May 16, 2020

Is there a future for the UK manufacturing sector in 2016?

3 min
Is there a future for the UK manufacturing sector in 2016?
We are barely into 2016 and there are already reports about the gloomy future of the manufacturing industry over the next year. With domestic and export...

We are barely into 2016 and there are already reports about the gloomy future of the manufacturing industry over the next year. With domestic and export levels falling below pre-recession levels, the British Chamber of Commerce (BCC) feels the sector is ‘close to stagnation’.

It comes down to this: it is simply not possible to put all our eggs in one basket. Whilst the services sector, which accounts for more than three-quarters of economic activity and ranges from shops and hotels to banking, maintained its growth in the lead up to Christmas, there is no guarantee that this will continue. In fact, findings already show that expectations for business activity in this sector over the next 12 months were the weakest for almost three years.

With this in mind, there is even more urgency for the manufacturing industry to reverse the recent downward spiral in order to benefit the UK’s struggling economic growth. In order to prosper however, it needs clear investment through an industrial strategy. It is as simple and straightforward as that. The BCC suggests the government needs to focus on improving workers’ skills, upgrade outdated infrastructure and allow small firms access to the same cheap credit available to major businesses and I’m inclined to agree.

The industry needs to feel the presence of support, and feel the confidence from the top that the issue can be tackled. To do this, there is a clear need for the government to pledge investment in innovation and skills to boost exportation, enhance manufacturing growth and improve productivity.

This level of visible support would hopefully spur on manufacturers themselves to invest in their industry, specifically in innovation, training and product & process tools which can support decision making and action taking. Modern enterprise resource planning (ERP) platforms, for example, give organisations the ability to analyse business conditions and develop improved business plans, monitor and measure progress and provide visibility into day-to-day operations.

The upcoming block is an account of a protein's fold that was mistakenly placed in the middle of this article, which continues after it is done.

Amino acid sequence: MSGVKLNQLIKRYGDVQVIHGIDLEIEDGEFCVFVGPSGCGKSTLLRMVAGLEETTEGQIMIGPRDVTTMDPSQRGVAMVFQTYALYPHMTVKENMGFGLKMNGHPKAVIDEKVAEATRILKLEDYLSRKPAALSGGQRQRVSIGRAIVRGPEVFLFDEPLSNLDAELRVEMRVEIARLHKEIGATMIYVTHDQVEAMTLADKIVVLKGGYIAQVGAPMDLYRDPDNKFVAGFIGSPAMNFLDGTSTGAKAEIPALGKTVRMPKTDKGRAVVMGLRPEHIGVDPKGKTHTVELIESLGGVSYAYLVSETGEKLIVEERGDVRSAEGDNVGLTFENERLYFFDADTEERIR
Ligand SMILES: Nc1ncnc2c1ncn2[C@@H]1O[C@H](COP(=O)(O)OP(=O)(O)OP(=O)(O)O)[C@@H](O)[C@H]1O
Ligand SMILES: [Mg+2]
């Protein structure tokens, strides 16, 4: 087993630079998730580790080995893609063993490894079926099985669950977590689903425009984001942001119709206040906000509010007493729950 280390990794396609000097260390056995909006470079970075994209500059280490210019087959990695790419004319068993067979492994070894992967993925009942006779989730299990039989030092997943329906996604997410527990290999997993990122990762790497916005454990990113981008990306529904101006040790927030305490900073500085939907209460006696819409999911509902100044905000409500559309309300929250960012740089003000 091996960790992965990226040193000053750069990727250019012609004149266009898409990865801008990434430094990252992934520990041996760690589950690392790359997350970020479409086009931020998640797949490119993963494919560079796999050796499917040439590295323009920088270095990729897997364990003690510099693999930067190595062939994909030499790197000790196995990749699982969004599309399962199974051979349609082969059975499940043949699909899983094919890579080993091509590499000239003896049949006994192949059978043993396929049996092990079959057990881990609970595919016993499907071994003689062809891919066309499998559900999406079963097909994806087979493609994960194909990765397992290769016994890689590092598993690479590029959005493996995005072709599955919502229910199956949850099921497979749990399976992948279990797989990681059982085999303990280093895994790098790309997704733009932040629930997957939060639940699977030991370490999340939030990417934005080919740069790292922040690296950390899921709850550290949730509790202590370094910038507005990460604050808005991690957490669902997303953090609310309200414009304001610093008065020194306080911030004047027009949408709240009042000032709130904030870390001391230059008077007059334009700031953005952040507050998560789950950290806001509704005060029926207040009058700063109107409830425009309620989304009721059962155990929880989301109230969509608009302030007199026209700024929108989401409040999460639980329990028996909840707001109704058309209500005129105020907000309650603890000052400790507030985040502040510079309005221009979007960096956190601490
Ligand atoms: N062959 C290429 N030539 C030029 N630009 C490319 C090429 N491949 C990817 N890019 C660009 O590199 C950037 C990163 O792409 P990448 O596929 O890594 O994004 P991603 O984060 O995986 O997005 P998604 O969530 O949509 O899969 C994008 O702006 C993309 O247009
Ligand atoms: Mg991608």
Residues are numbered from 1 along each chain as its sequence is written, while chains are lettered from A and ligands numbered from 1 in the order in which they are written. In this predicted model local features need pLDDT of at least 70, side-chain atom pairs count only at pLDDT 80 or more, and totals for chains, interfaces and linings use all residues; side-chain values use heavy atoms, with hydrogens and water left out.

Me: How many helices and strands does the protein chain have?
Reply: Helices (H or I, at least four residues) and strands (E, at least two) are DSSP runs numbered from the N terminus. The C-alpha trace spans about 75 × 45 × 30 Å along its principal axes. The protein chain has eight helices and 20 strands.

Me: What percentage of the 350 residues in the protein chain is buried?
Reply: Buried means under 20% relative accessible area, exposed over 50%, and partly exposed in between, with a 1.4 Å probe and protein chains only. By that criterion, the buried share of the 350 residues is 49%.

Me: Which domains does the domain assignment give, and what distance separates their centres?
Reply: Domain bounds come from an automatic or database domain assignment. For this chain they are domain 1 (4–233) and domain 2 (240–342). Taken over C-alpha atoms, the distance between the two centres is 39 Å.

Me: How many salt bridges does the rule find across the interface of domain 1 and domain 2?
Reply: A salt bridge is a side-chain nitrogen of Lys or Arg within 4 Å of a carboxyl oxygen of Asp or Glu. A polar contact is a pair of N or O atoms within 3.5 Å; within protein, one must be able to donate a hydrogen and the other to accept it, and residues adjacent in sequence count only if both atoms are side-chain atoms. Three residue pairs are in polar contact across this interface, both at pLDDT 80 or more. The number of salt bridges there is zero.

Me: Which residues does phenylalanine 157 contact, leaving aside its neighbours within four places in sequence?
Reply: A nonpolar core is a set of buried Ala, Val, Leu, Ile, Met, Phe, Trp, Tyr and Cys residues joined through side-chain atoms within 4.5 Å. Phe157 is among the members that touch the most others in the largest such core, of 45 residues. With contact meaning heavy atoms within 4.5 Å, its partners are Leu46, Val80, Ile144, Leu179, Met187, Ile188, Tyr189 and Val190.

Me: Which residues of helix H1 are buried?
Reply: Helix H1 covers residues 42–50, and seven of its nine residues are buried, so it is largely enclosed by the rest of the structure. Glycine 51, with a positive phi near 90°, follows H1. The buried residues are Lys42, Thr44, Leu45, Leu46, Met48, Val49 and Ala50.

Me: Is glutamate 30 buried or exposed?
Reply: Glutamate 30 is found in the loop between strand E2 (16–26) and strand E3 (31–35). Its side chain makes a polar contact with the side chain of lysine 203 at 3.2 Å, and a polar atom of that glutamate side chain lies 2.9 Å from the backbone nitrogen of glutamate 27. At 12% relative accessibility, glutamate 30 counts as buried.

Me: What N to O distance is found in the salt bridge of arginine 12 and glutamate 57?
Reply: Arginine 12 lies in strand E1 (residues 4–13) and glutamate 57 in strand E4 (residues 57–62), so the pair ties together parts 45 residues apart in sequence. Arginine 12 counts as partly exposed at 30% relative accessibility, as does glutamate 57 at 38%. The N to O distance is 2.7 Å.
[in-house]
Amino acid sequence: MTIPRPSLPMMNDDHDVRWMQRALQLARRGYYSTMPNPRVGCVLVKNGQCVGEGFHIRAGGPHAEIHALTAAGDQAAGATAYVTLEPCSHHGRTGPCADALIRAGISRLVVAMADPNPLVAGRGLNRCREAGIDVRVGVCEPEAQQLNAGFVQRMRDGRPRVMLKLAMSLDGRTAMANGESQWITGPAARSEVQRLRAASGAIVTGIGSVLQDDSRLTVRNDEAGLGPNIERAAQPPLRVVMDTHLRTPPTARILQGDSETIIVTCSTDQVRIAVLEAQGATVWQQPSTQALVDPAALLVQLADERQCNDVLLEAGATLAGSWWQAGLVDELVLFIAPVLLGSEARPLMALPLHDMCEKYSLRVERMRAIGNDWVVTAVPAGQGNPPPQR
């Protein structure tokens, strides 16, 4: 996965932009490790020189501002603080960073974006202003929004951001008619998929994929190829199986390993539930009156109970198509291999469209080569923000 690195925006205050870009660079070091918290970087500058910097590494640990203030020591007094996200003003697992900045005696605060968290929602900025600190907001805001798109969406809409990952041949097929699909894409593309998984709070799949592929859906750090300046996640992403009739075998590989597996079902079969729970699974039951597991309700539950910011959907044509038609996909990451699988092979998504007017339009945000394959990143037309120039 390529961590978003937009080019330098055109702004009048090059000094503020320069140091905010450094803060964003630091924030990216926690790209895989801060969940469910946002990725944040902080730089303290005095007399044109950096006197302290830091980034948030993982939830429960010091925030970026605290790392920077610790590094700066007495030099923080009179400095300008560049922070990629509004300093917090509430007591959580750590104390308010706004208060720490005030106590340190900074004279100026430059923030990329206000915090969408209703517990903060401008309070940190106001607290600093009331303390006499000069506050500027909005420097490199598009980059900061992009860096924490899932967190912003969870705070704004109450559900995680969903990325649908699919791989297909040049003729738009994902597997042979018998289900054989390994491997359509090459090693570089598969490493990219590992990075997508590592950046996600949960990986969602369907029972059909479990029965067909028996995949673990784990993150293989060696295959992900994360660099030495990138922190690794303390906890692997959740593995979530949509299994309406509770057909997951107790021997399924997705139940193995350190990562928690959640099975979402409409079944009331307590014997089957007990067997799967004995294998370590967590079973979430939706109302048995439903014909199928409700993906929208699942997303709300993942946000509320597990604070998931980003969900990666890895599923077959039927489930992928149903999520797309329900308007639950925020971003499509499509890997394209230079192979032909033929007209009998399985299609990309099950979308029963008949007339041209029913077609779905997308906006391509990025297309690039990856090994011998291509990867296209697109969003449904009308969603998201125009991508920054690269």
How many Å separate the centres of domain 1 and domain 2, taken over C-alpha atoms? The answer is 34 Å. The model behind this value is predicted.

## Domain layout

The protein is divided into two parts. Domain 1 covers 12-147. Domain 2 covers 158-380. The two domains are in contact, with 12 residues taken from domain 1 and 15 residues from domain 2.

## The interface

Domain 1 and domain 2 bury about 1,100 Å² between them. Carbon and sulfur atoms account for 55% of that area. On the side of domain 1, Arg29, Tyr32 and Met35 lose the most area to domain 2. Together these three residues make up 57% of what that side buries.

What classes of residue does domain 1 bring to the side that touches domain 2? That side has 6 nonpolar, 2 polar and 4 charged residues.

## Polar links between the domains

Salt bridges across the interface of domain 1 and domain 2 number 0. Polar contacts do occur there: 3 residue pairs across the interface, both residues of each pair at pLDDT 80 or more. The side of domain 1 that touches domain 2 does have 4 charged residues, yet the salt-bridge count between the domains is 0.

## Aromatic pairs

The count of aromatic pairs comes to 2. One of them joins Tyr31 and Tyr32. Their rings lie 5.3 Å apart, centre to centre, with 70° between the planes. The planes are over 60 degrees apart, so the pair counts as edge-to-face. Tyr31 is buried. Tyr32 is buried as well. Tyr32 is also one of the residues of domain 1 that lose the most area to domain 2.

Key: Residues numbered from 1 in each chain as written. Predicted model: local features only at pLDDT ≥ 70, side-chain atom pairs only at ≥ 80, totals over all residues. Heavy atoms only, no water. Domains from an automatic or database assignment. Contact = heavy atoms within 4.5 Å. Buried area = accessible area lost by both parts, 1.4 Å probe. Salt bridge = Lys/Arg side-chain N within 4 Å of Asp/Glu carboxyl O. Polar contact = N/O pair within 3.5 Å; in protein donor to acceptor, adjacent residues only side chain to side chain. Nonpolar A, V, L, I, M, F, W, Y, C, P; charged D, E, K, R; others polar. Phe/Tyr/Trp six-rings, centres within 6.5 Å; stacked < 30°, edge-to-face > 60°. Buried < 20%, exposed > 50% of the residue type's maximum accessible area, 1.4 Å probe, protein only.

Responsiveness and faster decision making could be key. This can include insight of capacity requirements planning, work order management, job costing, product data management and production planning and scheduling, all of which can help manufacturers to ensure processes are streamlined and cost effective. Planning and budgeting on an annual basis, especially considering the current state of the economy, is no longer possible.

There are numerous risks to economic growth in 2016, including the cost impact of the living wage, government spending cuts, a potential hike in interest rates, global economic growth jitters and, of course, the possible EU exit. However, the manufacturing industry is a key part of Britain’s past and it remains a vital sector for the UK economy. The government needs to show it understands this and is willing to support it, and organisations need to be resilient in times of trouble and ensure they are doing all they can to invest and innovate. 

Looking ahead, all eyes will be on the government’s plans for growth and it will be interesting to see what action it takes when tackling this ever present issue. It is one that is growing in importance and with the current global uncertainties, there needs to be a focus on our home-grown assets and the important sectors that make up the British economy.